Suunto Spartan Ultra
Starting Price: $449 | Rating:
The Suunto Spartan Ultra is an unbelievably powerful watch, the only thing this is impressive GPS watch is lacking is the intelligent battery mode that it’s newer big brother, the Suunto 9 boasts. With a scratch-resistant sapphire crystal color screen, multiple watch faces for different purposes, tracking for every sport under the sun, and the best GSP tracking in the game, the Suunto Spartan Ultra provides you with the resilience, data, and breadcrumbs you need to survive a Death Race. The best part, you’ll look damn good while doing it. Never have I received more compliments than I have since owning the Copper Edition of this exquisite watch.
In the past year and a half of ownership, my Spartan Ultra has helped me navigate to the top of Mt. St. Helens, plan a 24-hour adventure race in Mt. Rainier National Park, and discover hundreds of other places that would have otherwise been scarier to navigate without a reliable GPS tracking, routing, and breadcrumb leaving device. With the right settings, this watch will last the entire Death Race, you’ll just have to make sure you don’t ping every minute. Did I mention its water resistant to 100 meters? You won’t have a need to worry if you find yourself taking a dip in one of the rivers near Riverside Farm.
Starting Price: $329 | Rating:
The Suunto 5 is Suunto’s newly introduced compact GPS watch designed to provide a significant amount of features into a smaller design than their usual design. The only issue with this option is you’ll be lacking battery life so you’ll have to smart about pausing your Death Race activity when you’re not moving around much, like when you’re busy chopping wood, or when you’re doing burpees in the same spot for three hours straight. The Suunto 5 can last up to 40 hours but it can track everything else, so if you’re on a slightly smaller budget but still want a quality GPS watch, this one will get through ALMOST everything you throw at it.
Suunto 9 Baro
Starting Price: $469 | Rating:
The Suunto 9 Baro is the cheapest top of the line Suunto watch I’ve ever seen released and I’ve been monitoring their watches closely since the original Suunto Ambit. I wish I waited for this to drop six months after I purchased my Suunto Spartan Ultra. The Suunto 9 Baro comes with everything that watch does with the added benefit of intelligent battery modes that change on the fly as needed based on your activity. They eliminate the need for you to preplan what kind of interval tracking your device will need to track your effort. Just make sure you purchase the barometer version, it’ll give you more accurate elevation data, and is more than worth it at this price point. For those who want a little more sophisticated look to their GPS watch can get the Suunto 9 Baro in the same copper look that my Spartan Ultra came in here.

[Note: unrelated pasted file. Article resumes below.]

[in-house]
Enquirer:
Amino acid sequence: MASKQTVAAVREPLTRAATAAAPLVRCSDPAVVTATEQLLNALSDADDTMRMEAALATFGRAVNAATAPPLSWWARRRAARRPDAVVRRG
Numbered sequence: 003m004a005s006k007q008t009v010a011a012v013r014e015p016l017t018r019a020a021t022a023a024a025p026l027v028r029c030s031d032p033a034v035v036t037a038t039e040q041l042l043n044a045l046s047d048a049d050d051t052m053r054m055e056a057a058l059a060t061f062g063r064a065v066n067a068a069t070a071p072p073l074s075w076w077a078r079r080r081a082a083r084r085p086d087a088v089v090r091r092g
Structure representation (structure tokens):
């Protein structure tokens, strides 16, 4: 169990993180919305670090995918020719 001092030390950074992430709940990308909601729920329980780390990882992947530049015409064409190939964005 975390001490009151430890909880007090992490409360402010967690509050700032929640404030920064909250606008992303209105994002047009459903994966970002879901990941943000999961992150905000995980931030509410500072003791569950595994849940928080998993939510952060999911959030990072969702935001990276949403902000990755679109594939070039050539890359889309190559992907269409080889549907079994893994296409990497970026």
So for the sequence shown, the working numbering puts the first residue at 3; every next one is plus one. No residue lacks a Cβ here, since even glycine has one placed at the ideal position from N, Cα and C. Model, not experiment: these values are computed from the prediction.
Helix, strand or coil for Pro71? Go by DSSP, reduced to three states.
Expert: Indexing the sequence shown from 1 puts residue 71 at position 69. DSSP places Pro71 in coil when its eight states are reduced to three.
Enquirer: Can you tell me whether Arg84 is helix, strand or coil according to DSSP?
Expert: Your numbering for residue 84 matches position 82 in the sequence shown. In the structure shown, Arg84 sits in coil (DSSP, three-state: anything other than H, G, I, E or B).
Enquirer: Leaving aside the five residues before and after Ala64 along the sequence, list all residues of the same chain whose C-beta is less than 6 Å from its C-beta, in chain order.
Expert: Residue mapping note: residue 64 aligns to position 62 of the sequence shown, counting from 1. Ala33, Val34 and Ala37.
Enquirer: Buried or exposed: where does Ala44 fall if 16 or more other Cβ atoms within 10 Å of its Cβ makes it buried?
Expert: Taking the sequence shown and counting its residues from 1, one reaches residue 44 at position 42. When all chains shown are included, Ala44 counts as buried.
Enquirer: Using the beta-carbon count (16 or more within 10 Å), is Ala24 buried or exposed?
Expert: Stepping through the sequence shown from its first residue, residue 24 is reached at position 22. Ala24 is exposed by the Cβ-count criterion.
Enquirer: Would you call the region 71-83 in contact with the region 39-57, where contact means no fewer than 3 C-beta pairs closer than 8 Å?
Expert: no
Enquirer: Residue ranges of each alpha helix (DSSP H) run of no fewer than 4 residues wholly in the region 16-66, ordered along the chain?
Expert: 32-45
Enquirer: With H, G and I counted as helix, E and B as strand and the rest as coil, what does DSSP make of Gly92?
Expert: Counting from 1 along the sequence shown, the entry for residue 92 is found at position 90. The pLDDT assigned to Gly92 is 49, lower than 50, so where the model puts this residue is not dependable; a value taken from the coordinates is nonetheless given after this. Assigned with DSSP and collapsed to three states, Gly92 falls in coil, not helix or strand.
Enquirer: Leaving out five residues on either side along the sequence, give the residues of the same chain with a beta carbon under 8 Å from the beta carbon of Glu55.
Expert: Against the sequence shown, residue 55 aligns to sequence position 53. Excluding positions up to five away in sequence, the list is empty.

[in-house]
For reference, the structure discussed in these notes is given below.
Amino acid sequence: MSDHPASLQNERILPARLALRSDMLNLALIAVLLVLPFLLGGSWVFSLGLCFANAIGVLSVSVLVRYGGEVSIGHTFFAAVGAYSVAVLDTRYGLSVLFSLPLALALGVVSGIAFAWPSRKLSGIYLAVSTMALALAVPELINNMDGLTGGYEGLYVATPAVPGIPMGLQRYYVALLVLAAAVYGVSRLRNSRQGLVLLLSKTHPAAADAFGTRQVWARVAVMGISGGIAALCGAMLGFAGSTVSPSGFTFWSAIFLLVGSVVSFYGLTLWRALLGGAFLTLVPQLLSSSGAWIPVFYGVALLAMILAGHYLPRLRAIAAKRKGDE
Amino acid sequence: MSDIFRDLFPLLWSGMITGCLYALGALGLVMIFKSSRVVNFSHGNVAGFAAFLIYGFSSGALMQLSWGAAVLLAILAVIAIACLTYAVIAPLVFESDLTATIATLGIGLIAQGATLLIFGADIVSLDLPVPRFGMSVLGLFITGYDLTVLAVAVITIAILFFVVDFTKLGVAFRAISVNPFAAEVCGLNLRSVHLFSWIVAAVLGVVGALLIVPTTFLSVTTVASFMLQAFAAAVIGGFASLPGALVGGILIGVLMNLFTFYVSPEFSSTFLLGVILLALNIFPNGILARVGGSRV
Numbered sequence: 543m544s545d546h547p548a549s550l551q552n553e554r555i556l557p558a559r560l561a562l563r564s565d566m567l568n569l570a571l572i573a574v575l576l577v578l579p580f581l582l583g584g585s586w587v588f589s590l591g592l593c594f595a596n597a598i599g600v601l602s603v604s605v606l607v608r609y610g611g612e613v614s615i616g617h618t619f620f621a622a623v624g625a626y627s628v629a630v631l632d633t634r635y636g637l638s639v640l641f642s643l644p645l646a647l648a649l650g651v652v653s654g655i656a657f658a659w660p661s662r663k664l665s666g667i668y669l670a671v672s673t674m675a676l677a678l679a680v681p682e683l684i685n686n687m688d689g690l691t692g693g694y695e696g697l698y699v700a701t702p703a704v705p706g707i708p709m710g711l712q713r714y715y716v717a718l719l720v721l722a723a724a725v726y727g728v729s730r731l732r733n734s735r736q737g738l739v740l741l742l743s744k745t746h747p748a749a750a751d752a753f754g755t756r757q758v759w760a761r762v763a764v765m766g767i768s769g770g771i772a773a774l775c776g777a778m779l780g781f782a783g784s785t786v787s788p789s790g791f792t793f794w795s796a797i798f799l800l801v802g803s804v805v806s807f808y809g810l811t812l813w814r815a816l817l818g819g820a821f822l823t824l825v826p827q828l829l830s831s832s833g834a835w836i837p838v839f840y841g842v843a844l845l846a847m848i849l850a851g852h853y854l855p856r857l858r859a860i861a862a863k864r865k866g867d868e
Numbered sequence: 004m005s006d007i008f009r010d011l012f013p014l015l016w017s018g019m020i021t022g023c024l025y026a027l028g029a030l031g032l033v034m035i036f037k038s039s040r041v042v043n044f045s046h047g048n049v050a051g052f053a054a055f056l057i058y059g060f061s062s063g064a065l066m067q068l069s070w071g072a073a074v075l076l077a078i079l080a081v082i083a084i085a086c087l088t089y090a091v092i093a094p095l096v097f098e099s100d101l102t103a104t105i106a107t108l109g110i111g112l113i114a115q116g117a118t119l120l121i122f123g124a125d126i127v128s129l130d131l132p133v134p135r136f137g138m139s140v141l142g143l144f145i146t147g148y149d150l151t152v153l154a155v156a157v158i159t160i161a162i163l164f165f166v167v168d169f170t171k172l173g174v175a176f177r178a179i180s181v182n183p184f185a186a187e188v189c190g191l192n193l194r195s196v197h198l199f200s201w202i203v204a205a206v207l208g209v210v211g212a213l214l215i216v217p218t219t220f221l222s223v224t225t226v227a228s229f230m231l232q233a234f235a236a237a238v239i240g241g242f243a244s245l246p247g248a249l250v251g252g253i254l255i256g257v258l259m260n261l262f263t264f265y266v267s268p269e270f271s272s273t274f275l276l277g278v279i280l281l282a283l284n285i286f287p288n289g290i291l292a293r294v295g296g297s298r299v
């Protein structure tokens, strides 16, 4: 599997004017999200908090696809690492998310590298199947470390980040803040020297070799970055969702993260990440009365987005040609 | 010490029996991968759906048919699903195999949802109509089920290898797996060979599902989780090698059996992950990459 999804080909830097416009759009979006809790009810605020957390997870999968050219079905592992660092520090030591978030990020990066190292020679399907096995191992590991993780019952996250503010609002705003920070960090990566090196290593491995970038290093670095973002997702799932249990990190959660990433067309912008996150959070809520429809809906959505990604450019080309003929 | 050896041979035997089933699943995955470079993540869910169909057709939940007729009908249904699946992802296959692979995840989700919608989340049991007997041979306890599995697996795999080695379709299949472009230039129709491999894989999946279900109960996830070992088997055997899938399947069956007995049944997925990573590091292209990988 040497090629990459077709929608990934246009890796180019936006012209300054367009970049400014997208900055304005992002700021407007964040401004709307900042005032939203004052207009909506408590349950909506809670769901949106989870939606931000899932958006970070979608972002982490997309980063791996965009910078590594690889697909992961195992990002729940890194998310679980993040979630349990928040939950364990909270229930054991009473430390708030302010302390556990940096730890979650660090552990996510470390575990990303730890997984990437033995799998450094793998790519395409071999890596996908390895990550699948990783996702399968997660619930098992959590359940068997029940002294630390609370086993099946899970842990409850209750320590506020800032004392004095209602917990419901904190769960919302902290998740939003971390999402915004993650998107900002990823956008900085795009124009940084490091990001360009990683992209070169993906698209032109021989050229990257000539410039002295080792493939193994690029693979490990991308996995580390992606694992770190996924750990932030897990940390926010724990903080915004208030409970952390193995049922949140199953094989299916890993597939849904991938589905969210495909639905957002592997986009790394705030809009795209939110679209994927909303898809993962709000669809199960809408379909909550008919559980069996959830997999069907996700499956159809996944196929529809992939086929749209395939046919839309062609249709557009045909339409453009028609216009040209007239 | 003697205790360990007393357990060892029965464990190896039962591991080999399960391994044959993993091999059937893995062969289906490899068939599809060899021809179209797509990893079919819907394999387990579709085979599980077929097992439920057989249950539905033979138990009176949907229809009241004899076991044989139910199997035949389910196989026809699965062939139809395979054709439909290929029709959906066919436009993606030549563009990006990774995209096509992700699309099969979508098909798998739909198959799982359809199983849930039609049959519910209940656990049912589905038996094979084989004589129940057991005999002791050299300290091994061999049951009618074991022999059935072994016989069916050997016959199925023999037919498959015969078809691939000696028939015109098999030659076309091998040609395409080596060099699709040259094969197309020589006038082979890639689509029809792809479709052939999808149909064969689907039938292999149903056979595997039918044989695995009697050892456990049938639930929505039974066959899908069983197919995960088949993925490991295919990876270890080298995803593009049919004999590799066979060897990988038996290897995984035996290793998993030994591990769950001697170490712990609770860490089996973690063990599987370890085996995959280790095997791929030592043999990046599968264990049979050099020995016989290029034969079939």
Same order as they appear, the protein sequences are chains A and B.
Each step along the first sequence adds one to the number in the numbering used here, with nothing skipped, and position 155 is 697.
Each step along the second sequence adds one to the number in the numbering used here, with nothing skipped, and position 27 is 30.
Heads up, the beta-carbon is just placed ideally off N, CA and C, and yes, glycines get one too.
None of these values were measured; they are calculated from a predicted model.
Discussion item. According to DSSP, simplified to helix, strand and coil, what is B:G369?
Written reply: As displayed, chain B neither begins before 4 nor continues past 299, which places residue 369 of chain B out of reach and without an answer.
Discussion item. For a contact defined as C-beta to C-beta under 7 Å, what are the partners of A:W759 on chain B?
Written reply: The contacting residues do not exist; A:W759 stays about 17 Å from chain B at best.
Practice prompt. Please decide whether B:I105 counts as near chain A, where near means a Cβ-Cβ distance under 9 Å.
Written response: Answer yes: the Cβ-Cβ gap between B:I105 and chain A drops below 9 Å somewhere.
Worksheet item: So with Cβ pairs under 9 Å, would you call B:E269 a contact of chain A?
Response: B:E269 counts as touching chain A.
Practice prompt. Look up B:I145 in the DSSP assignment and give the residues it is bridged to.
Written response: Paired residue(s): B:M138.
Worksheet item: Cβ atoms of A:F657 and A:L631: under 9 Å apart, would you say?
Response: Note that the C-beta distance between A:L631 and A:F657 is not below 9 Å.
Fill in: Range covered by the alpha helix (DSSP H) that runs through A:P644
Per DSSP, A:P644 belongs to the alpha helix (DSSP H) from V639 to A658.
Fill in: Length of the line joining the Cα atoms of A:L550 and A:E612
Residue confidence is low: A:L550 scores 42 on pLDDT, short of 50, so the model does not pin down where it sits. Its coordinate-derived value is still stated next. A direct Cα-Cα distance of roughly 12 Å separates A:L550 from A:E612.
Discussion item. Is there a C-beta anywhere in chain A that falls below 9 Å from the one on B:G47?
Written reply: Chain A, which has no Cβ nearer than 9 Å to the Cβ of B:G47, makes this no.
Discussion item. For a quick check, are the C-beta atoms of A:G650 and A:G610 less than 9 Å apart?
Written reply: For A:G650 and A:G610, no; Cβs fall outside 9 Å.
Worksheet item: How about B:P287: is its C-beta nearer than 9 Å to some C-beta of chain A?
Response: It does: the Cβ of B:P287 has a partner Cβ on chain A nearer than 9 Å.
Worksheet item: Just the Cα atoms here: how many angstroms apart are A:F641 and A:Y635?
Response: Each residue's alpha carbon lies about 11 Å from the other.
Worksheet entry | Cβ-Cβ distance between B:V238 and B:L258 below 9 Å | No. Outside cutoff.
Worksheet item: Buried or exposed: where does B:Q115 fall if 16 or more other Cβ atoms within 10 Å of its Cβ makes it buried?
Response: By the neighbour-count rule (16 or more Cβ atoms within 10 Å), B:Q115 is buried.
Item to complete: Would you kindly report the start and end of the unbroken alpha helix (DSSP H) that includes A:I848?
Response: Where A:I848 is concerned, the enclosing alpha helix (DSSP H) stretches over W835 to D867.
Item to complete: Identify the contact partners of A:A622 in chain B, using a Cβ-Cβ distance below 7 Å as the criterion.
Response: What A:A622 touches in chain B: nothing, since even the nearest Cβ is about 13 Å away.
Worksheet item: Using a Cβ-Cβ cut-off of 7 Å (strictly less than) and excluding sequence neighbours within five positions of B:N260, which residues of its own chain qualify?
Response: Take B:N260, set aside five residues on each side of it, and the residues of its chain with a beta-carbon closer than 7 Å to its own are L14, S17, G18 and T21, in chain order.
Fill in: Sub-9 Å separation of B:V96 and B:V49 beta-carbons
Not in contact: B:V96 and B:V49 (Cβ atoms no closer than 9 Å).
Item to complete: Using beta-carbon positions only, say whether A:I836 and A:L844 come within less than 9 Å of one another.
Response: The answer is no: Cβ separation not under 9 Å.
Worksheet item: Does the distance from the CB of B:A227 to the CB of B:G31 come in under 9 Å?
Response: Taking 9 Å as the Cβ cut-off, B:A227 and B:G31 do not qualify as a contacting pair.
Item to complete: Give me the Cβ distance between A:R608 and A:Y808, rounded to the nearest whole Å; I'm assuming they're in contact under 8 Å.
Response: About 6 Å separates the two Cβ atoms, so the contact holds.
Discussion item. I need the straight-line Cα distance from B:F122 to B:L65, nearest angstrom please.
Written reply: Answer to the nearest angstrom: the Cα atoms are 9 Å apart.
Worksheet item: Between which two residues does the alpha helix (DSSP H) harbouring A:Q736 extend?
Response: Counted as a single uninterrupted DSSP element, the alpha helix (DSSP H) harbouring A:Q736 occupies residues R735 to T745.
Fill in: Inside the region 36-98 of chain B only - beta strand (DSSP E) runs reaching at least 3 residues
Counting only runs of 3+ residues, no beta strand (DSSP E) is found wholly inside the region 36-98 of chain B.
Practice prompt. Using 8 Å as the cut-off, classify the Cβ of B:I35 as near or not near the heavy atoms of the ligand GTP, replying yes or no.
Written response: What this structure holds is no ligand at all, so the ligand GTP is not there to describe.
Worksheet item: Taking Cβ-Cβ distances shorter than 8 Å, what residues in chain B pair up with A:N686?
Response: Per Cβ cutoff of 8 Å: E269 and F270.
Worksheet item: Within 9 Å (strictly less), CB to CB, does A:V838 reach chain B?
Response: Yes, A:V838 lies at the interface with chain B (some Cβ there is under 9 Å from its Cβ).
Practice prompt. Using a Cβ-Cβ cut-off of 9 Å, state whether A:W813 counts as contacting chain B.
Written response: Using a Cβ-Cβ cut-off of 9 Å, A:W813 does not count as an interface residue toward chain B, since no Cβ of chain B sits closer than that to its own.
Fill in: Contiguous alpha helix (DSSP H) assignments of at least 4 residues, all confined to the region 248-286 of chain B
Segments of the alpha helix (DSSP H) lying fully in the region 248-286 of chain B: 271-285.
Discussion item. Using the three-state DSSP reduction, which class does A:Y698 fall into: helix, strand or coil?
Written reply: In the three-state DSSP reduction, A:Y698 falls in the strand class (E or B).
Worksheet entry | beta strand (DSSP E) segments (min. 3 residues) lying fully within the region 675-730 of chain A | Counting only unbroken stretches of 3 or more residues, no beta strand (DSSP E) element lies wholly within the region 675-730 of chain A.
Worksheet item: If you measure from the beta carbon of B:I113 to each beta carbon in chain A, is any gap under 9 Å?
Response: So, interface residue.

Garmin Fenix 5X Sapphire
Starting Price: $499 | Rating:
The Garmin Fenix 5X is much like the Suunto 5, capable of tracking many types of activities and both are very accurate at this point in the development of GPS tracking devices. The Garmin Fenix 5 is nowhere near the battery life of the Suunto products, lasting only 12 hours with GPS mode enabled, you’ll find it difficult to track the entire event, save you plug it into an external battery pack and store it in the top part of your ruck the entire event. Because of this watches poor battery life, I can only give it two rupees, otherwise, it’s a very capable watch. For a Death Race, it isn’t ideal.
Garmin Forerunner 945
Starting Price: $599 | Rating:
The Garmin Forerunner 945 is a quality multisport GPS watch which might be a little more suited for something like a Death Race. The Forerunner 945 will last up to 36 hours in GPS mode, so once again unable to do what the Suunto products can, still very capable. Much like the Suunto 5 you’ll probably have to pause a bunch to be able to get through an entire Death Race event.
SUUNTO 9 BARO
This is without question the ultimate Death Race watch, with its super intelligent battery and extra-long battery life, this watch can actually track your moves throughout an entire Death Race event. With the Suunto 9 Baro you’ll be able to get the most accurate reading and your battery won’t have to be recharged mid-race, plus, it can withstand the elements you’ll be up against.